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Proceedings Paper

The Energy Factor In Radiographic Imaging
Author(s): A. Macovski; W. R. Brody; R. E. Alvarez; L. A. Lehmann
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Paper Abstract

The photon energy spectrum has played a relatively minor role in classical radiographic imaging. Radiologists have used different regions of the spectrum for different studies. For example; lower energies are used for mammography to emphasize calcifications, and higher energies are used for chest studies to minimize rib shadows. These effects, however, are relatively subtle compared to those of selective energy imaging to be described in this paper. We will describe the application of energy selectivity to computerized tomography and projection radiography. In the case of computerized tomography the technique eliminates the non-linear spectral-shift artifact, and provides the average atomic number and density of each pixel. In the case of projection radiography, any intervening material can be removed to facilitate visualization of some desired structure. In addition, as with CT, an unknown lesion can be identified based on its average atomic number.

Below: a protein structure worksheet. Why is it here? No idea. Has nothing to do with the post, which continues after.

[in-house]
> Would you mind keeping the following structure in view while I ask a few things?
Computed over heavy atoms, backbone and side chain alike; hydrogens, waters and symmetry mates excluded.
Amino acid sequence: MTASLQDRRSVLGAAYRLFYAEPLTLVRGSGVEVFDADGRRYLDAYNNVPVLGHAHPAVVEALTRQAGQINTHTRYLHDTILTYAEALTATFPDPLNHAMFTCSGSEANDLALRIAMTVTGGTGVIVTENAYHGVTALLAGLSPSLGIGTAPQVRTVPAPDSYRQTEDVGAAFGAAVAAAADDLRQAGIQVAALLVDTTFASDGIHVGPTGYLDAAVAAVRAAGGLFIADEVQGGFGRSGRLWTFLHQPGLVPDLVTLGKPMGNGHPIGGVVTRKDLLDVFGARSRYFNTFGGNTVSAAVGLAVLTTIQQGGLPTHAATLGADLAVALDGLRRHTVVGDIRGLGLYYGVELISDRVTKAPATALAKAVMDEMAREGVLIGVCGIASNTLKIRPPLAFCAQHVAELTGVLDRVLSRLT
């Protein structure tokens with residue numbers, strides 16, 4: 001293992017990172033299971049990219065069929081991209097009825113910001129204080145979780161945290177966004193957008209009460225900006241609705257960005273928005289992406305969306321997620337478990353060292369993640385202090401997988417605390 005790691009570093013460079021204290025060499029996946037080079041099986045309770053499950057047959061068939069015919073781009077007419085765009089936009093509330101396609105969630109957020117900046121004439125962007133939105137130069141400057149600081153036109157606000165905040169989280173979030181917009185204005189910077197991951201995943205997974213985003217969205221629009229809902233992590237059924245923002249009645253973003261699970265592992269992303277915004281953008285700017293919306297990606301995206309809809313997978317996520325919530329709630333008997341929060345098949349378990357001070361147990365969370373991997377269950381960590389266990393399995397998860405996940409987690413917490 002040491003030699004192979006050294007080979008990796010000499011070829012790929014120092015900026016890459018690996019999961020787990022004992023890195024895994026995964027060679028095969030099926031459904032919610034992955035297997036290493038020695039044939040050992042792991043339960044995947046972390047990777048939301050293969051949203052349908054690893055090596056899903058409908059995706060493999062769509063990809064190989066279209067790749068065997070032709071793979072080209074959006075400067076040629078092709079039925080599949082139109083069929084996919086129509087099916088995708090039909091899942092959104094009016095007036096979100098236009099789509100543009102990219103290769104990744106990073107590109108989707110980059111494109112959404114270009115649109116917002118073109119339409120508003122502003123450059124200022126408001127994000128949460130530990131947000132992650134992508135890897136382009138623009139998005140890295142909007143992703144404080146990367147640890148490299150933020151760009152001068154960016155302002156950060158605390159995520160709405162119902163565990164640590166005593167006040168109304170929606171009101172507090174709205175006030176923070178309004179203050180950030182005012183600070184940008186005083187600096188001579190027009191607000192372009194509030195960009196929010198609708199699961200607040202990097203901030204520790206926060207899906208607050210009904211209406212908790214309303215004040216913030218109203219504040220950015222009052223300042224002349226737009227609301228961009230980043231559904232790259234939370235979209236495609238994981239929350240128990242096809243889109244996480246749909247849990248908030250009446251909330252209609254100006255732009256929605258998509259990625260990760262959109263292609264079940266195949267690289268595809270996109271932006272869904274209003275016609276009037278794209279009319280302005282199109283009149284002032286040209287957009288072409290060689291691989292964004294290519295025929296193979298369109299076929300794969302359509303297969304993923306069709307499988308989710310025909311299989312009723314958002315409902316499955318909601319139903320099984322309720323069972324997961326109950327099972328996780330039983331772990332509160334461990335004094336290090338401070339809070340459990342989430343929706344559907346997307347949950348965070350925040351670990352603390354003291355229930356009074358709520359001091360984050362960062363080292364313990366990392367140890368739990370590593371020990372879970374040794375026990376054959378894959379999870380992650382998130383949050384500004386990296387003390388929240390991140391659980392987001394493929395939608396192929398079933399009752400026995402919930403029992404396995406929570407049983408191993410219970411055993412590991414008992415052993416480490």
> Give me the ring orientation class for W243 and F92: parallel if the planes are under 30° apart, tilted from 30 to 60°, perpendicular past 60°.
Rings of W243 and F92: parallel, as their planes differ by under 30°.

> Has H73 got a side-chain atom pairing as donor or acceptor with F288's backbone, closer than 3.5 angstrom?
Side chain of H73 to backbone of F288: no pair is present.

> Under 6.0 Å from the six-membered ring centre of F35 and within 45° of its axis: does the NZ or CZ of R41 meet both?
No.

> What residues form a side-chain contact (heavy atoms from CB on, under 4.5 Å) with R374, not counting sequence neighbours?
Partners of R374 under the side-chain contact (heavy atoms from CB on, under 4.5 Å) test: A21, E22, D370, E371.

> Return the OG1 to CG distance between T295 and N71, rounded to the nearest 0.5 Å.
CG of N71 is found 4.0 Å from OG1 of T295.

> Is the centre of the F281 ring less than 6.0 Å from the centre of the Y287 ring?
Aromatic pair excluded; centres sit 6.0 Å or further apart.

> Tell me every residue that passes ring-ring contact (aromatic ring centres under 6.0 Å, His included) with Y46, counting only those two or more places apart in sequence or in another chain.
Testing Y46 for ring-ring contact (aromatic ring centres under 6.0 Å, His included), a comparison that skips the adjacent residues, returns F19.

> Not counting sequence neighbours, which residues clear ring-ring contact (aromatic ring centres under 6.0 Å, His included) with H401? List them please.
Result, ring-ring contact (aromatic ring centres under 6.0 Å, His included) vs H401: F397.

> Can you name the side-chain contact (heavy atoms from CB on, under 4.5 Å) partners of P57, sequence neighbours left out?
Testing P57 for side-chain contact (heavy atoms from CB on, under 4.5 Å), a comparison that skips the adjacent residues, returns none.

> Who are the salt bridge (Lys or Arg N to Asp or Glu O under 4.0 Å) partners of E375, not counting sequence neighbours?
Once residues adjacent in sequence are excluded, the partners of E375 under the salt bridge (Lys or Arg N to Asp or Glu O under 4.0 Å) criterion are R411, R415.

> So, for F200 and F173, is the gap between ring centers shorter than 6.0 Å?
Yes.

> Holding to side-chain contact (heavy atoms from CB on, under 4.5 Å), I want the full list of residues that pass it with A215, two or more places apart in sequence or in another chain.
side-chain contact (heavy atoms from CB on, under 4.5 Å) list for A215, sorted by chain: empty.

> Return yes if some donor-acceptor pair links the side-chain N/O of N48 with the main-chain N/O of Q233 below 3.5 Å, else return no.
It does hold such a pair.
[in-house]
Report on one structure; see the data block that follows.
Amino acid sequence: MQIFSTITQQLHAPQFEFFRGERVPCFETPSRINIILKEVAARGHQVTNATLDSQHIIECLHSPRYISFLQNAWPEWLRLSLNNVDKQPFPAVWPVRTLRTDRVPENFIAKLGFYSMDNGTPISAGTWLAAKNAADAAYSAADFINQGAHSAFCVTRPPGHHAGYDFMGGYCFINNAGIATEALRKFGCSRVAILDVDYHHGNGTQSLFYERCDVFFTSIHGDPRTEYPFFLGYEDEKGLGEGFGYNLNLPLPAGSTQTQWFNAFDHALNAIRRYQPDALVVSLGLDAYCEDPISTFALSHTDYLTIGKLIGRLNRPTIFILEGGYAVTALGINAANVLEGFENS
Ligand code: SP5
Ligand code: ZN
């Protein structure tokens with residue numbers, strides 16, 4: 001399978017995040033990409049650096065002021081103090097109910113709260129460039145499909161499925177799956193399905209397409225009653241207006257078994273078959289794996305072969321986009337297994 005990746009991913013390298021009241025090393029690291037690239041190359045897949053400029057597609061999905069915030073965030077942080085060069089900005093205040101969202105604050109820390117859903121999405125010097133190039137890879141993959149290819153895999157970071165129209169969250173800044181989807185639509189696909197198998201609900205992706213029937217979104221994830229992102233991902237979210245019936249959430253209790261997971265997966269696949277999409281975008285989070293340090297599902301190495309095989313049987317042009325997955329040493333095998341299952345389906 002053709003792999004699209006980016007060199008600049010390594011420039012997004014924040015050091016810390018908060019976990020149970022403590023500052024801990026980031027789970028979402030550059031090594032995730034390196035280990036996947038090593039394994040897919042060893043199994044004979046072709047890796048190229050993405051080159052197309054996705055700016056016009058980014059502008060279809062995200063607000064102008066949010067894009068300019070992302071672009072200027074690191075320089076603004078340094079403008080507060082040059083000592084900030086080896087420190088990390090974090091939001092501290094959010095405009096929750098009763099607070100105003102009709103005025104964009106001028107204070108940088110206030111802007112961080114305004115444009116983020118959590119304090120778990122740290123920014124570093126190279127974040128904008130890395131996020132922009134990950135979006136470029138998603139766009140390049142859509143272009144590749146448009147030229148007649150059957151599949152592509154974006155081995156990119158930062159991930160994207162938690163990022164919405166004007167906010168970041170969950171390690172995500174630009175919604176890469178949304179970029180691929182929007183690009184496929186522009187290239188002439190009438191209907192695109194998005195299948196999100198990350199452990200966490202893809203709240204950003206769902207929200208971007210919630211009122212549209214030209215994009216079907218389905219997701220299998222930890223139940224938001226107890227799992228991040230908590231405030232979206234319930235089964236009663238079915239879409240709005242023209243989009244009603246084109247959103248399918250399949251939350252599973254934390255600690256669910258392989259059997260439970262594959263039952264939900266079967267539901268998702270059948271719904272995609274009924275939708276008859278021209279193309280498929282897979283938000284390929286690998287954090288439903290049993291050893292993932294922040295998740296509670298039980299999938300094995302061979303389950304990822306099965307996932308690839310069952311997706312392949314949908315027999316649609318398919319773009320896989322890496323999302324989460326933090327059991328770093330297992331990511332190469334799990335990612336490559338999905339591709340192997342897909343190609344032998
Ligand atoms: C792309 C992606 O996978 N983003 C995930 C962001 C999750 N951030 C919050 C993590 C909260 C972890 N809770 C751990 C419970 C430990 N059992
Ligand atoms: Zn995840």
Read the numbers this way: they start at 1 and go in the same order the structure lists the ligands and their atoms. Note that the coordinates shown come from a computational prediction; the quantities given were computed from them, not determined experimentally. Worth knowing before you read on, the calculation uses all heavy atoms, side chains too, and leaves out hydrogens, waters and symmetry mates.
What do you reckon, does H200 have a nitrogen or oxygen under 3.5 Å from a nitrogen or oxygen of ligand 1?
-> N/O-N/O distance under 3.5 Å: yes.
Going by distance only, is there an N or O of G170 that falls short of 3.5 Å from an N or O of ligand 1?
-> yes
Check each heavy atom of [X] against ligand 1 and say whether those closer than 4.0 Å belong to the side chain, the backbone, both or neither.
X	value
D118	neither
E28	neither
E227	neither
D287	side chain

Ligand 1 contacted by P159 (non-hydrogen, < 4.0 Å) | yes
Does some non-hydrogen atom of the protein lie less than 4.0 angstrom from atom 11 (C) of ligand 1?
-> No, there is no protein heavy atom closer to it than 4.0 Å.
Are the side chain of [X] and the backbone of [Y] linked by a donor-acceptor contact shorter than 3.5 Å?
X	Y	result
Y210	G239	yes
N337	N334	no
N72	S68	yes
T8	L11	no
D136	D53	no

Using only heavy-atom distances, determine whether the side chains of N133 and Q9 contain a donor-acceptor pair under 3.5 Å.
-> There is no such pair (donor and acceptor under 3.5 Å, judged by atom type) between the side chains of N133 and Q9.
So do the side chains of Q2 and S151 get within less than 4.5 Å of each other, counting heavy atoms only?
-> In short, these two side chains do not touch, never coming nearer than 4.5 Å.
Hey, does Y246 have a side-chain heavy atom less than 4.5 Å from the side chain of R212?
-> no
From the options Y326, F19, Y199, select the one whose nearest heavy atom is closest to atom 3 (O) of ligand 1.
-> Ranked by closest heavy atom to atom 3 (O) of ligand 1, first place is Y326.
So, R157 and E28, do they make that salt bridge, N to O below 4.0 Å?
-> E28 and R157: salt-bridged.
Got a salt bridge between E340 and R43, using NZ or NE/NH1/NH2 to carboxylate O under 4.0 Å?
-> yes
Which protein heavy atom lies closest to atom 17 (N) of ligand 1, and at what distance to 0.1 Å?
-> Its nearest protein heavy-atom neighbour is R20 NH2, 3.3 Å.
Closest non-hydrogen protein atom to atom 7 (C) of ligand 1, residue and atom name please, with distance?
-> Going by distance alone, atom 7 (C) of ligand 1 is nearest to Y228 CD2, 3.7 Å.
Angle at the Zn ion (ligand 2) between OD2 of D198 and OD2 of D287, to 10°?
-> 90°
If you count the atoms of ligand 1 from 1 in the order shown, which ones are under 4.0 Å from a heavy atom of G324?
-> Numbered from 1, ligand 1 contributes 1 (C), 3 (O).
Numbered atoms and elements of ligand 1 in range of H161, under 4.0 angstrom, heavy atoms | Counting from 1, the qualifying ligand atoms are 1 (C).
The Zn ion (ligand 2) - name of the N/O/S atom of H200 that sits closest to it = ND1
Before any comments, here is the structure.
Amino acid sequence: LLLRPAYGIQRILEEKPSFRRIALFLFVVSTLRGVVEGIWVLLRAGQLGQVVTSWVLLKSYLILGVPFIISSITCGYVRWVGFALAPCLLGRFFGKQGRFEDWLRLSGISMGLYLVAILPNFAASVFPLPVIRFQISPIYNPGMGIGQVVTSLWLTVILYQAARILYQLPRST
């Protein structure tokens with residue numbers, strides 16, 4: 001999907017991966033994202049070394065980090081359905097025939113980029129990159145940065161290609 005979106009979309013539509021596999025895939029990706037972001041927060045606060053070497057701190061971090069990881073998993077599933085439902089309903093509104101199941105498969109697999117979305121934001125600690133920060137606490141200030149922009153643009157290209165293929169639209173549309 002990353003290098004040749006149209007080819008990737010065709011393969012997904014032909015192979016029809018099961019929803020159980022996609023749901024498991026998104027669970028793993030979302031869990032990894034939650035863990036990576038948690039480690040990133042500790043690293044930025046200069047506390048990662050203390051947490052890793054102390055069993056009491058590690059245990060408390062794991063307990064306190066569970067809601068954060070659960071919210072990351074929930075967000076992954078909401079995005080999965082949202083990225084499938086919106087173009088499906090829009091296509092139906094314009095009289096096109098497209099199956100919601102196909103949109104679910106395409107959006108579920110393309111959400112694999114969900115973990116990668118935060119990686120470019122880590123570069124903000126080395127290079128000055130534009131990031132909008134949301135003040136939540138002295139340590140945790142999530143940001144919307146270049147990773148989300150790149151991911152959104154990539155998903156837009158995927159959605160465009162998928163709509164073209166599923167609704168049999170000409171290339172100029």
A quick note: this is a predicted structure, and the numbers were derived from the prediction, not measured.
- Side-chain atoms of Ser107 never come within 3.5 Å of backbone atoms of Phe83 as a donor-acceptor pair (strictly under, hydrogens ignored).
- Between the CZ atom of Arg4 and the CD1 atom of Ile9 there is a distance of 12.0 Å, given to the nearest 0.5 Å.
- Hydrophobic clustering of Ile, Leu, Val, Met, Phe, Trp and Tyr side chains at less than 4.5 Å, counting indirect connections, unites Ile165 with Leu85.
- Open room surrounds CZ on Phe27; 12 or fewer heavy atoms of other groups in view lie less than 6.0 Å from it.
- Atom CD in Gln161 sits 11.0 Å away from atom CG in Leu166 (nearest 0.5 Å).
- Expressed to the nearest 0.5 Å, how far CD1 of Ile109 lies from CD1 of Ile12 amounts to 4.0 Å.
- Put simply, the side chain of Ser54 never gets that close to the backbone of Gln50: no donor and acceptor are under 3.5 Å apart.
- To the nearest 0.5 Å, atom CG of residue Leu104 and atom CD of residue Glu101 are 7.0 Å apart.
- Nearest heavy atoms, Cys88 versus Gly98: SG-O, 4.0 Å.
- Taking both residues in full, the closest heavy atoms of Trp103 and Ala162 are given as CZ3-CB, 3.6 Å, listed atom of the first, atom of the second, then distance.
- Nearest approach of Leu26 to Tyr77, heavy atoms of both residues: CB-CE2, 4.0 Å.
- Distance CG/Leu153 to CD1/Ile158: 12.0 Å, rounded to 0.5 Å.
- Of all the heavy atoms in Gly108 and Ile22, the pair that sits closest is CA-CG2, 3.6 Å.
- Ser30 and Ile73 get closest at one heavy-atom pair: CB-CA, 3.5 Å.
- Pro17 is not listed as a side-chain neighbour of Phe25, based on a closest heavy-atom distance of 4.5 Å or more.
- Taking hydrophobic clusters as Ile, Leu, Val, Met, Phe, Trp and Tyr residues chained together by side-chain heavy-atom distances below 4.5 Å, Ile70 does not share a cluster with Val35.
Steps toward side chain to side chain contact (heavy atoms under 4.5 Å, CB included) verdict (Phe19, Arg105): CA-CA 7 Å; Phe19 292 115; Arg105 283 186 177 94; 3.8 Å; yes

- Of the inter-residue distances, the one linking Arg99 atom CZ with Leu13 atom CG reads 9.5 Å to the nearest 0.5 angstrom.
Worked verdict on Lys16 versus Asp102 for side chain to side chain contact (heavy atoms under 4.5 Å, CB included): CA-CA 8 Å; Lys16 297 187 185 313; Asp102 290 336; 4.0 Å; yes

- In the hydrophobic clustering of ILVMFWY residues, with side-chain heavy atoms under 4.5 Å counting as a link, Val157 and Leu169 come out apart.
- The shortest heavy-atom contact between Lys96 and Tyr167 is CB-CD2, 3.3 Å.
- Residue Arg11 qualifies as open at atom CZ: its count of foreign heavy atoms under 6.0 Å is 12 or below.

Paper Details

Date Published: 1 November 1982
PDF: 5 pages
Proc. SPIE 0372, Physics and Engineering in Medical Imaging, (1 November 1982); doi: 10.1117/12.934495
Show Author Affiliations
A. Macovski, Stanford University (United States)
W. R. Brody, Stanford University (United States)
R. E. Alvarez, Stanford University (United States)
L. A. Lehmann, Stanford University (United States)


Published in SPIE Proceedings Vol. 0372:
Physics and Engineering in Medical Imaging
Orhan Nalcioglu, Editor(s)

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